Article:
Total Pageviews

Wednesday, June 25, 2014

A Nation of Stoves, Chapter 4 -- The Coming of Anthracite, c. 1820-1840

Another scintillating chapter title, but at least what you see is what you get.  This territory has now been covered, in their own different ways, both by Sean Adams [Home Fires: How Americans Kept Warm in the Nineteenth Century, Johns Hopkins University Press, 2014, esp. Ch. 2, "How Mineral Heat Came to American Cities"] and Christopher Jones [Routes of Power: Energy and Modern America, Harvard University Press, 2014, esp. Chapters 1-2], but I think there's still room for my take on things alongside them, because of my particular focus.

  • Introduction -- longer than usual, because the structure of the book is becoming more complex and thematic.
  • 4.1 Origins -- where the overlap with and dependence on the existing secondary literature is closest.
  • 4.2 Marcus Bull, Benjamin Silliman, and the Anthracite Campaign -- familiarizing new and potential consumers with anthracite and its benefits.
  • 4.3 Developing the Anthracite Cooing Stove : Philadelphia, c. 1824-1832 -- the other part of winning over consumers, i.e. giving them a choice of serviceable, affordable appliances in which to burn the new fuel; the work of the Franklin Institute and of local inventors, notably Powell Stackhouse, whose surviving business records I have also read.
  • 4.4 The Anthracite Market Spreads -- to New York City and State.
  • 4.5 Eliphalet Nott and the Anthracite Heating Stove -- episode #2 in the history of an inventor and his inventions.
  • 4.6 Jordan Mott and the New York City Market -- 
  • 4.7 Stoves and Anthracite in New England -- a detailed analysis of the extension of the (industrial) market for anthracite fuel, and the response of local inventors to the opportunities it presented.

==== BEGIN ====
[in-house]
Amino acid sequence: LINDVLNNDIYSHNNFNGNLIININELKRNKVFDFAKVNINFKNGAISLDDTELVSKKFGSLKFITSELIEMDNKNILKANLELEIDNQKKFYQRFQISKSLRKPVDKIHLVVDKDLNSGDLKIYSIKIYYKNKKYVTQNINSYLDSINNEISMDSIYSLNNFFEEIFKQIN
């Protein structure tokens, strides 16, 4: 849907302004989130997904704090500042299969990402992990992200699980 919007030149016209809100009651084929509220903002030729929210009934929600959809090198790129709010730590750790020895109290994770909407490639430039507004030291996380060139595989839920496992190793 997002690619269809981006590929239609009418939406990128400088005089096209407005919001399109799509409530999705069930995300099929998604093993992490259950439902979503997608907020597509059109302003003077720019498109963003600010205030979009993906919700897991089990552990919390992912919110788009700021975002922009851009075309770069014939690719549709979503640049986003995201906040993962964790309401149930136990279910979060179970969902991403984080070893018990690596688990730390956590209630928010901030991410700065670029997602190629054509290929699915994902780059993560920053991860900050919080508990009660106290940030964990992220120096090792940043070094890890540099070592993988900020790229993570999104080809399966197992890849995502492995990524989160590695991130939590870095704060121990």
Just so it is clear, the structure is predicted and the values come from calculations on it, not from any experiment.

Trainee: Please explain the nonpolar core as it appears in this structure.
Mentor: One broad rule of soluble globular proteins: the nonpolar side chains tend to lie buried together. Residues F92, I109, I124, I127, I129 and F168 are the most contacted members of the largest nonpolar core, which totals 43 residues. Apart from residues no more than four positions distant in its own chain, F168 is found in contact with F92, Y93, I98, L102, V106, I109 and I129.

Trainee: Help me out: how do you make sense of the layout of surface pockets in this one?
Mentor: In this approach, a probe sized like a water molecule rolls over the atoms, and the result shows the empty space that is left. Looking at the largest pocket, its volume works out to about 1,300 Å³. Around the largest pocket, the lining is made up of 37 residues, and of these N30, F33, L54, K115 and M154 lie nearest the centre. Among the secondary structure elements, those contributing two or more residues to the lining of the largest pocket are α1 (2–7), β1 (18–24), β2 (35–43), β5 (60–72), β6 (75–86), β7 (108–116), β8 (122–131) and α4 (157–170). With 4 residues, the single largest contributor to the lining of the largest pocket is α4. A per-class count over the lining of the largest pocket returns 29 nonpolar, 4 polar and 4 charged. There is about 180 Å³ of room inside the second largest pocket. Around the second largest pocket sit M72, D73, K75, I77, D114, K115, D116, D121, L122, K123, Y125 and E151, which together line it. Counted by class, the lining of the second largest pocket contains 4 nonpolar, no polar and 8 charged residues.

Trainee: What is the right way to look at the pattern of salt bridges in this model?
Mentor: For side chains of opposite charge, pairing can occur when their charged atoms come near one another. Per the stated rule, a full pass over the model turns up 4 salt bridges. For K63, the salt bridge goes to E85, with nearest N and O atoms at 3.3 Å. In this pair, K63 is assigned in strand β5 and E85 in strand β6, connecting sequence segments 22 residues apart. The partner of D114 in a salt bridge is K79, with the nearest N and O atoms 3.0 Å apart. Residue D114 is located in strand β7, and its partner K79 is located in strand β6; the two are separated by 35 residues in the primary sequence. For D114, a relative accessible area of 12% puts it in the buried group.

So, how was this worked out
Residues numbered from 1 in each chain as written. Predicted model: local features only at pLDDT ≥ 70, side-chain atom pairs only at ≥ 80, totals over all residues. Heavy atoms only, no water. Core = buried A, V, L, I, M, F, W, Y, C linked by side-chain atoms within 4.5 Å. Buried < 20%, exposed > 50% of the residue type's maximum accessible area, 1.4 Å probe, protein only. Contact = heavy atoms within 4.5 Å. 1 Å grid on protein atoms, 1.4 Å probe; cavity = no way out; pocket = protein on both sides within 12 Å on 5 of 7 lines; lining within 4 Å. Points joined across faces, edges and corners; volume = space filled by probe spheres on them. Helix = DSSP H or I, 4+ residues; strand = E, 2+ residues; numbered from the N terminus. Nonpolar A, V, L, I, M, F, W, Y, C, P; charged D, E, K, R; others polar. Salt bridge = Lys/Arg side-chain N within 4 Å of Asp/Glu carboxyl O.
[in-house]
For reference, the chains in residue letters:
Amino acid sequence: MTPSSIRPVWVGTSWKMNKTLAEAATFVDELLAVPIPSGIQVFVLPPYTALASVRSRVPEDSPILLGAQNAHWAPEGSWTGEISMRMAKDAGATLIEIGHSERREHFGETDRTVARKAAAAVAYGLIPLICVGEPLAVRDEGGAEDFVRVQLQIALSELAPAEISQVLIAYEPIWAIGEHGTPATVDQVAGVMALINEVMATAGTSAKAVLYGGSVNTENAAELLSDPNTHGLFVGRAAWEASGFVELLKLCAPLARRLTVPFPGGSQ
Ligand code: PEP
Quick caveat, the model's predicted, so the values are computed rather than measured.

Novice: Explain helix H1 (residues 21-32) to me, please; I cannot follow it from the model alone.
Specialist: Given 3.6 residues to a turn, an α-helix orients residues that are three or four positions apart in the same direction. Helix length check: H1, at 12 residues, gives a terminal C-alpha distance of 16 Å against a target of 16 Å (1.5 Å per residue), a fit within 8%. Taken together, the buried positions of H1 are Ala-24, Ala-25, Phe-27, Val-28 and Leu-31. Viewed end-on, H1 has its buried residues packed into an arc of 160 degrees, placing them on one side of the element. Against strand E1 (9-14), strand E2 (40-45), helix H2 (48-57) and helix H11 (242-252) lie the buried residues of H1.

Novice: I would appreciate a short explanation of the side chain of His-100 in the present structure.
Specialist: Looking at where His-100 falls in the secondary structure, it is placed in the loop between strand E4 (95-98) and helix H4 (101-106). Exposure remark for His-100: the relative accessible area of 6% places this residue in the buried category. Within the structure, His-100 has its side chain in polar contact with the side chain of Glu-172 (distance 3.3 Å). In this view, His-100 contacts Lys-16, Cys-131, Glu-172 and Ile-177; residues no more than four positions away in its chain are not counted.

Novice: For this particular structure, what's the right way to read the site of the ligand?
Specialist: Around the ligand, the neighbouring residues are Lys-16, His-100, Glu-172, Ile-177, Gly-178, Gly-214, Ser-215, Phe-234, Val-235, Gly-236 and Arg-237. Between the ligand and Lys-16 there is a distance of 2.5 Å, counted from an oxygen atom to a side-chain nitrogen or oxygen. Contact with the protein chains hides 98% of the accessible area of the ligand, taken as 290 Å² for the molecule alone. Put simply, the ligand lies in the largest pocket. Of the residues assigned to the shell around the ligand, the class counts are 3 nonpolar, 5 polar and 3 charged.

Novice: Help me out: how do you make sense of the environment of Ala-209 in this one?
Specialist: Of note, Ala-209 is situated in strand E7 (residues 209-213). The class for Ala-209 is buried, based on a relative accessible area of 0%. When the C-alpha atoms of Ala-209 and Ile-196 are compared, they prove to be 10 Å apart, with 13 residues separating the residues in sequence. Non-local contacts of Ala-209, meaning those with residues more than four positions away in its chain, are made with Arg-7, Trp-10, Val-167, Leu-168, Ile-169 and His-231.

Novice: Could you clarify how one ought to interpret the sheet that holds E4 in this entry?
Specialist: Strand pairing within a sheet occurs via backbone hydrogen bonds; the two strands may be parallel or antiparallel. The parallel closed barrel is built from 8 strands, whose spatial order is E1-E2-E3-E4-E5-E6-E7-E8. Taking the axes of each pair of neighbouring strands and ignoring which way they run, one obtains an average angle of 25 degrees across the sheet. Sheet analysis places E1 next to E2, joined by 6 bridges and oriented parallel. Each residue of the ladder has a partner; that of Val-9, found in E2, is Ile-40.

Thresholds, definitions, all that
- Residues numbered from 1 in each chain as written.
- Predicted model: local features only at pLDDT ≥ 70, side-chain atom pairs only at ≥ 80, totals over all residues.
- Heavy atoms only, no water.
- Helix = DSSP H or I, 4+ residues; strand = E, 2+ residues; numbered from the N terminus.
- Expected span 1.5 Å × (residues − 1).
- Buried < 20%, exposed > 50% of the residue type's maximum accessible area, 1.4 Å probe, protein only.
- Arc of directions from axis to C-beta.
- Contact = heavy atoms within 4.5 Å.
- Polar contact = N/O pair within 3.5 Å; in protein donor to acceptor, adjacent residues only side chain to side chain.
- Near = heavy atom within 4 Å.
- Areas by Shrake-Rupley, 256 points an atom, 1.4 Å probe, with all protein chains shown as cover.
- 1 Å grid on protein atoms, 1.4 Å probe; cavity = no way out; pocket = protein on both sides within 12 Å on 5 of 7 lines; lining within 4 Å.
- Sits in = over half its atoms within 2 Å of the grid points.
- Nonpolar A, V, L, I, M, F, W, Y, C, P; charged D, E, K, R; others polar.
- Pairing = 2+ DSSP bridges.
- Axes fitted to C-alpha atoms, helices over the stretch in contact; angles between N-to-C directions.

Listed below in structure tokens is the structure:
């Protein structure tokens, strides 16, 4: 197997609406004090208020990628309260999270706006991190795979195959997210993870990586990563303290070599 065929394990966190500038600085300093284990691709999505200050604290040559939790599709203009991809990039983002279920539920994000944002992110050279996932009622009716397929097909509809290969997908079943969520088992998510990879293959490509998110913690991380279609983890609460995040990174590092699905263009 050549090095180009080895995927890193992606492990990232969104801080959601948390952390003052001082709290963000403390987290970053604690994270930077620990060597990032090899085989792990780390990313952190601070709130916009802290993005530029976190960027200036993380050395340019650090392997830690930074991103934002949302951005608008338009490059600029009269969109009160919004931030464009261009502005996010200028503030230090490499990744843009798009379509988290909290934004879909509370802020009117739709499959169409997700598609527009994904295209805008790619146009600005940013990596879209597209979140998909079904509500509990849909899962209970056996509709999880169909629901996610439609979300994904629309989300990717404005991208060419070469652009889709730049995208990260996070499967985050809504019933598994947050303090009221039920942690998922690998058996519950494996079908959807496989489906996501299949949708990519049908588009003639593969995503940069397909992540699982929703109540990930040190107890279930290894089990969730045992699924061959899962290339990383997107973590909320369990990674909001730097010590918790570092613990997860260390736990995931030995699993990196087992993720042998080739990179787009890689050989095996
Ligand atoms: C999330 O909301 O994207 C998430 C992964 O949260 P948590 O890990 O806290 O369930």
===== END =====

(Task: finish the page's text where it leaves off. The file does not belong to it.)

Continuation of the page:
There is no conclusion, and the chapter is a bit scrappy overall.  I was happy with the quality and adequacy of the research that went into it, and certainly thought and think that it has a necessary place in the larger scheme of the work.  But it's neither an easy nor a lively read, and when I finished it (leaving a few loose ends) my heart was sinking.  Any ambition I might have had to write the sort of book that ordinary members of the public (or at least, extraordinary ones -- stove buffs, early Americana enthusiasts) might wish to buy and read seemed to be being defeated by my ingrained habits of research and style of thinking and writing.  And yet the result was not the sort of ideas-rich scholarship that might impress a few professional peers.  It was narrative, descriptive, reconstructing the past but not engaging with the bees flying around in today's academics bonnets.

I'll have to re-read this, edit it, make sure I've taken full account of Sean's and Chris's work now that it's published.  But it's still more or less worth sharing now, even in its present state, with anybody who may be interested, if such a person exists.

Links to online content:
  • The full text of the Chapter 
  • The Bibliography -- this is new, and currently pretty rough, but it lists all of the sources, primary and secondary, cited in the text, and provides web links to copies, if available.  In due course I might integrate these into the text, but that's a long-term, rainy-day project.  In the meantime, this will serve.

Tag Cloud:

No comments:

Post a Comment